Project Update: “Significant Enhancements to Achieve Net-Zero Carbon Being Made to the Joint Ottawa Public Library (OPL)–Library and Archives Canada (LAC) Facility”
From the Government of Canada:
Significant enhancements to achieve net-zero carbon are being made to the joint Ottawa Public Library (OPL)–Library and Archives Canada (LAC) facility, which will soon take shape in downtown Ottawa
Prior to these changes, the building’s design already complied with the LEED Gold standard, an independent certification that takes into account ecological land and water use, energy efficiency, and sustainable materials. Funding from the federal government will allow for:
- upgrades to the building’s envelope and insulation;
- triple-glazed windows;
- solar panels on the rooftop and embedded in the facade;
- additional sustainable materials; and
- an indoor green wall.
This funding is in line with the Government of Canada effort to ensure that major infrastructure projects like this one contribute to a clean, safe and sustainable environment for present and future generations.
Scheduled to open in late 2024, with an official opening in 2025, the OPL–LAC joint facility promises to be a cultural showplace for the country’s heritage, a meeting place for local residents and visitors alike, and a prime example of the Government’s commitment to building sustainable infrastructure.
- Construction of the Ottawa Public Library–Library and Archives Canada joint facility in the LeBreton Flats district on the western edge of downtown Ottawa is set to begin in 2021, with its completion scheduled for late 2024.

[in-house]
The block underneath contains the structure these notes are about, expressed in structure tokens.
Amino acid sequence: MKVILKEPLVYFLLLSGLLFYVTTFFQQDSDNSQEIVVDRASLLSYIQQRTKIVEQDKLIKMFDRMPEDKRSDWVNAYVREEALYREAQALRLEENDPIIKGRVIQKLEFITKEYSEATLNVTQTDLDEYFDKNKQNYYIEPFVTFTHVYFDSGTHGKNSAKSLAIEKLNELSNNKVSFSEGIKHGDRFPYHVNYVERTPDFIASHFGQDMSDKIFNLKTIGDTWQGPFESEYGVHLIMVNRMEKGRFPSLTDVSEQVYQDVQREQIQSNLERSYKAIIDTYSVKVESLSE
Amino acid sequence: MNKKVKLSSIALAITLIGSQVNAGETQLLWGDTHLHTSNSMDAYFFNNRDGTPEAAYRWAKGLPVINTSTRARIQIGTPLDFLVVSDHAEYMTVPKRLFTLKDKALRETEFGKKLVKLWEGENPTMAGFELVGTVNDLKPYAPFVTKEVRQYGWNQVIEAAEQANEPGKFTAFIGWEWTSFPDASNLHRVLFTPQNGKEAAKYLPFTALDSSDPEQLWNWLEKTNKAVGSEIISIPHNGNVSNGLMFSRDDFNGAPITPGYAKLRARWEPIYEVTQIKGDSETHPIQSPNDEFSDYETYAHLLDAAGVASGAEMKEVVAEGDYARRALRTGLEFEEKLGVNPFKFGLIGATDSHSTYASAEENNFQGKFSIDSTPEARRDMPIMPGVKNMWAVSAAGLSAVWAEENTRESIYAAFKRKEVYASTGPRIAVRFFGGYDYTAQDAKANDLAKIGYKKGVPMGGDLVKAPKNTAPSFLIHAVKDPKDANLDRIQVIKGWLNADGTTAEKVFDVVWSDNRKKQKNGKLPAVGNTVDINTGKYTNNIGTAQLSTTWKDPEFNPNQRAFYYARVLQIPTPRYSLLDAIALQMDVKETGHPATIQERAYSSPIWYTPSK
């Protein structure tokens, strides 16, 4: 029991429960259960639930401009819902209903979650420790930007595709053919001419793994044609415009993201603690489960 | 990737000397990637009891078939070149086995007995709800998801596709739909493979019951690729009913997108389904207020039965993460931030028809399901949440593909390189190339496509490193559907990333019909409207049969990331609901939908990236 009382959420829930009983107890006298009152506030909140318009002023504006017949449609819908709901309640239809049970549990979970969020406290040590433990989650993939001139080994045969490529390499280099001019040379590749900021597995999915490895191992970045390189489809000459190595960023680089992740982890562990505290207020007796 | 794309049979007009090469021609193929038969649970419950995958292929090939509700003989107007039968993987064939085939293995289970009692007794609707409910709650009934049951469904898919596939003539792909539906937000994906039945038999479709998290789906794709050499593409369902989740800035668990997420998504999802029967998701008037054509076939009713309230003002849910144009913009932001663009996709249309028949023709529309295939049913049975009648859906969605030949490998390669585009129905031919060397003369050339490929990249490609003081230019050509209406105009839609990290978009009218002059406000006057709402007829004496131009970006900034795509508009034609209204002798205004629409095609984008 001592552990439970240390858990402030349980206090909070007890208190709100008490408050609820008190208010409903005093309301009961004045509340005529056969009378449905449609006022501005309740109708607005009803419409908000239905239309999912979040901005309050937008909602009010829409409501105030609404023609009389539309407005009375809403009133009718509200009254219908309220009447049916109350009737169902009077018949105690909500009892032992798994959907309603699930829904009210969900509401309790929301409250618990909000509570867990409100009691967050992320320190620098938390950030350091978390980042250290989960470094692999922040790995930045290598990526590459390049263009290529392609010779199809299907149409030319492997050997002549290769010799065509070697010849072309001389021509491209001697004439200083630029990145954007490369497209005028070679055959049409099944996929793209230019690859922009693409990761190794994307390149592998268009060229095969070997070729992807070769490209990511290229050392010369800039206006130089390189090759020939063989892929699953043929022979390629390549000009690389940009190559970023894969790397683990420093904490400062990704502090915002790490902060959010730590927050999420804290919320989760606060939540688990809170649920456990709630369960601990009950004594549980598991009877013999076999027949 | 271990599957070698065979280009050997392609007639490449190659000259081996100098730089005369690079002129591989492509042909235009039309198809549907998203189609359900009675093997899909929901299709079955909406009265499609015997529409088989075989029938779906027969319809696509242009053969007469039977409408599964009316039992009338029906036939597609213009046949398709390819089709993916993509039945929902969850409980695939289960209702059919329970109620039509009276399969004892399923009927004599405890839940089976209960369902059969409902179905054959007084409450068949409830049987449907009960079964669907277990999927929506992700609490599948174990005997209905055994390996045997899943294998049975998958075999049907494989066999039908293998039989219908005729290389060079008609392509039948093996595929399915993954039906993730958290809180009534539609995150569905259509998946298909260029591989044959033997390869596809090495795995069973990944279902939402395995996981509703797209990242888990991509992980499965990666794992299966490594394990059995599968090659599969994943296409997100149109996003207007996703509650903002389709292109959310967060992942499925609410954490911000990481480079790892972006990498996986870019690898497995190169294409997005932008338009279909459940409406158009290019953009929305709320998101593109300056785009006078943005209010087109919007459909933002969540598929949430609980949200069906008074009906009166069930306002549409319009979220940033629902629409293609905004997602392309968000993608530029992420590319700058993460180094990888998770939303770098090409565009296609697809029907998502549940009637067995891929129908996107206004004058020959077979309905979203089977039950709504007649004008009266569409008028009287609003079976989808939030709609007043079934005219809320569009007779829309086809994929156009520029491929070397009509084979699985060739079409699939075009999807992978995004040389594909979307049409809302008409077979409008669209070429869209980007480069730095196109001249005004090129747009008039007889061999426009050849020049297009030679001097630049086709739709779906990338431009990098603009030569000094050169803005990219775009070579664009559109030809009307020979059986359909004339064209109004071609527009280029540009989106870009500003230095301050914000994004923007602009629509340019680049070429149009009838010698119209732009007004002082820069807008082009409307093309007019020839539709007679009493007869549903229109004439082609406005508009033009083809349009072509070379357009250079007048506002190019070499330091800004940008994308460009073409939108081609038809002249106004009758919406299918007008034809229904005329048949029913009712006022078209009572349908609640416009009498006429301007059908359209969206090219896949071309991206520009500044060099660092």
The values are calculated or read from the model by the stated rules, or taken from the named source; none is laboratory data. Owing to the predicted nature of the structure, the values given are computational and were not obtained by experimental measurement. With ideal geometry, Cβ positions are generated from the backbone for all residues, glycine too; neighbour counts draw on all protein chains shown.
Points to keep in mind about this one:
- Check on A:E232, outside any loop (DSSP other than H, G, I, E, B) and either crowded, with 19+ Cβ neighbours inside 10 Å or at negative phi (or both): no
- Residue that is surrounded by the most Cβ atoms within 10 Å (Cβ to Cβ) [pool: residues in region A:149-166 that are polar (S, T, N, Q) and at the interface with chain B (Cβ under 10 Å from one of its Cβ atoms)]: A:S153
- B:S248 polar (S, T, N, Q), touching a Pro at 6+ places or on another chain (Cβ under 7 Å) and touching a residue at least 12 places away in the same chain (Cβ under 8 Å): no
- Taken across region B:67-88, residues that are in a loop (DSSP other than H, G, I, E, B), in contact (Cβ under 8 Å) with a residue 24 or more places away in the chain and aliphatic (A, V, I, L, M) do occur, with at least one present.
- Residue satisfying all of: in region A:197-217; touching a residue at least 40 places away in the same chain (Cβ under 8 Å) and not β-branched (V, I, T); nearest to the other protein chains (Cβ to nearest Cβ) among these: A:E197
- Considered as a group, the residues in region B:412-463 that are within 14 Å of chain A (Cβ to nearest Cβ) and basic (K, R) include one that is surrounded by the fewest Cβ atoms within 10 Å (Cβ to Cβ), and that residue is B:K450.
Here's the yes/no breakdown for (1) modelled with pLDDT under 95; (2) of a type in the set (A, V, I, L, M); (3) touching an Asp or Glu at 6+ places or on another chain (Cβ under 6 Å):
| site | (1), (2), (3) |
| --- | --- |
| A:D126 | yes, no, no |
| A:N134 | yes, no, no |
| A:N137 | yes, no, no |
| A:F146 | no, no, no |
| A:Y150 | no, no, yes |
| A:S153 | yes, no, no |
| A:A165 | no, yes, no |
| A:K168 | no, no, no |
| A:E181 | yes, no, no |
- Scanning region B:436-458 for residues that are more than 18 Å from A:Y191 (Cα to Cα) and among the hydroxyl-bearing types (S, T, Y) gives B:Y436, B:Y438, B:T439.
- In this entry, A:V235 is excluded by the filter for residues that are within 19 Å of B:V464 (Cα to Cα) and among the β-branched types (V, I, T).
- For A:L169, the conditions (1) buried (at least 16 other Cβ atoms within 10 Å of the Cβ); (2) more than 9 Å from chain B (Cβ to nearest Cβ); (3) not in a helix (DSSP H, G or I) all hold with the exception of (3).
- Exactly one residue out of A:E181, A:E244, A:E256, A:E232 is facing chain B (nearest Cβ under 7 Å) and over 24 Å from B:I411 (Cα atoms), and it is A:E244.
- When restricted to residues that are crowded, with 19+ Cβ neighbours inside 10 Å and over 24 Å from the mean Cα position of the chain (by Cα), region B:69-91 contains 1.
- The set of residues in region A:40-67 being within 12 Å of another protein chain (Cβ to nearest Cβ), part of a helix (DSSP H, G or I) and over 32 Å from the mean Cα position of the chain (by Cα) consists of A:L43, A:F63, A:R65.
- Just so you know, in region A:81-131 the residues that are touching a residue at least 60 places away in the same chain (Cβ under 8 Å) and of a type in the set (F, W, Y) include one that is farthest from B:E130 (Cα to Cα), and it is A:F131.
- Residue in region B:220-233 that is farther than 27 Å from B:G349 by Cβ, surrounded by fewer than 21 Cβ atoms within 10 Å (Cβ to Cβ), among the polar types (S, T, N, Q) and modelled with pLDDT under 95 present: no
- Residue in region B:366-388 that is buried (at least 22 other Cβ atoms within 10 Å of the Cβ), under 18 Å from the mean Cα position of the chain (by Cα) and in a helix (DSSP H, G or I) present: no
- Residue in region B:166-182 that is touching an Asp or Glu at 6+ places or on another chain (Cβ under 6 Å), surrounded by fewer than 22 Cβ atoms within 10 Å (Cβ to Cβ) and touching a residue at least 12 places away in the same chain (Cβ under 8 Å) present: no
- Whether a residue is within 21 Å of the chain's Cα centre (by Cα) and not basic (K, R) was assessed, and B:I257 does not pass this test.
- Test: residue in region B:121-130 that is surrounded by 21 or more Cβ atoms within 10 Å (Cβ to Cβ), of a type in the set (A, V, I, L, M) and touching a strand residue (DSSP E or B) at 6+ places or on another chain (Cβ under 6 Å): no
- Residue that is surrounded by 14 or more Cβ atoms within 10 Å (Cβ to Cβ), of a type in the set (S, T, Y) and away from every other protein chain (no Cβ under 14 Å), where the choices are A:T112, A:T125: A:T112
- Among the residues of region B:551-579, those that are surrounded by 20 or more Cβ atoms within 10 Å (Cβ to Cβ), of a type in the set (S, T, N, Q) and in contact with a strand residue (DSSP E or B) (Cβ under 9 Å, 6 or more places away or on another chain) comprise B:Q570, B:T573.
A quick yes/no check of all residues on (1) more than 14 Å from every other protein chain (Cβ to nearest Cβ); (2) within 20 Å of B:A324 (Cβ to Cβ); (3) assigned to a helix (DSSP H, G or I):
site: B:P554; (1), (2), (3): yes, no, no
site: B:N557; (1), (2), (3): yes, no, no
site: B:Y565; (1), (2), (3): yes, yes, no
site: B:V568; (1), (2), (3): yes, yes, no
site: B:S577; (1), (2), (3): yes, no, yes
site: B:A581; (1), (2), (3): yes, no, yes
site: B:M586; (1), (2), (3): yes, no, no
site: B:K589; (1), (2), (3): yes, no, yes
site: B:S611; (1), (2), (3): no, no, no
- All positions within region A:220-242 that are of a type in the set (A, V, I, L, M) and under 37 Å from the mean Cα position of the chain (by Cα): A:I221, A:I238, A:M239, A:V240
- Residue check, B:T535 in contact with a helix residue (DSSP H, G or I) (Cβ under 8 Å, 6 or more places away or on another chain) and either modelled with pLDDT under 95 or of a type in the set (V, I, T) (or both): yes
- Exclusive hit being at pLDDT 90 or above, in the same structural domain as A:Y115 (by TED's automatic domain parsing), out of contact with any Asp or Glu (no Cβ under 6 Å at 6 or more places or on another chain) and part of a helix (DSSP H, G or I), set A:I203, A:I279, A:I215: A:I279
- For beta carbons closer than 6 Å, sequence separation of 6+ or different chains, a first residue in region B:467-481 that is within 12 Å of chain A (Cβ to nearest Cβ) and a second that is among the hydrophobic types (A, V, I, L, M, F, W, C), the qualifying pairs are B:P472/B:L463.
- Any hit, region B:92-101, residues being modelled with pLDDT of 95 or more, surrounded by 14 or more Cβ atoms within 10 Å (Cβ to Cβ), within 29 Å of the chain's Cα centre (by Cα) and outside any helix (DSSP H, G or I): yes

- In its 2020 Fall Economic Statement, the Government of Canada committed an additional $34.5 million to this project, most notably for significant sustainability enhancements to the facility.
- These investments in a net-zero carbon facility will result in a 30% reduction in greenhouse gas intensity. This represents the equivalent of approximately 170 fewer metric tons of CO2 produced per year, or taking 37 passenger vehicles off the road.
- The new joint facility will be the result of unprecedented partnerships and community engagement, and it will bring together Ottawa residents, Canadians and visitors from around the world to learn, discover and create.
- Located by the Confederation Line’s Pimisi Station in the heart of the capital, the new facility is a key part of Ottawa’s vision to be the most liveable mid-sized city in North America.
- During extensive consultations in 2019 and 2020 with a wide range of stakeholders and citizens, respondents overwhelmingly expressed their support for a green and sustainable building.
- This is the second major sustainable infrastructure project for LAC. In 2022, it will open a new net-zero carbon preservation facility, which is currently under construction next to LAC’s existing Preservation Centre in Gatineau, Quebec.
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See Also: Design Revealed for Ottawa Public Library – Library and Archives Canada Joint Facility (January 23, 2020)
Filed under: Archives and Special Collections, Funding, Libraries, News, Preservation, Public Libraries
About Gary Price
Gary Price (email@example.com) is a librarian, writer, consultant, and frequent conference speaker based in the Washington D.C. metro area. He earned his MLIS degree from Wayne State University in Detroit. Price has won several awards including the SLA Innovations in Technology Award and Alumnus of the Year from the Wayne St. University Library and Information Science Program. From 2006-2009 he was Director of Online Information Services at Ask.com. Gary is also the co-founder of infoDJ an innovation research consultancy supporting corporate product and business model teams with just-in-time fact and insight finding.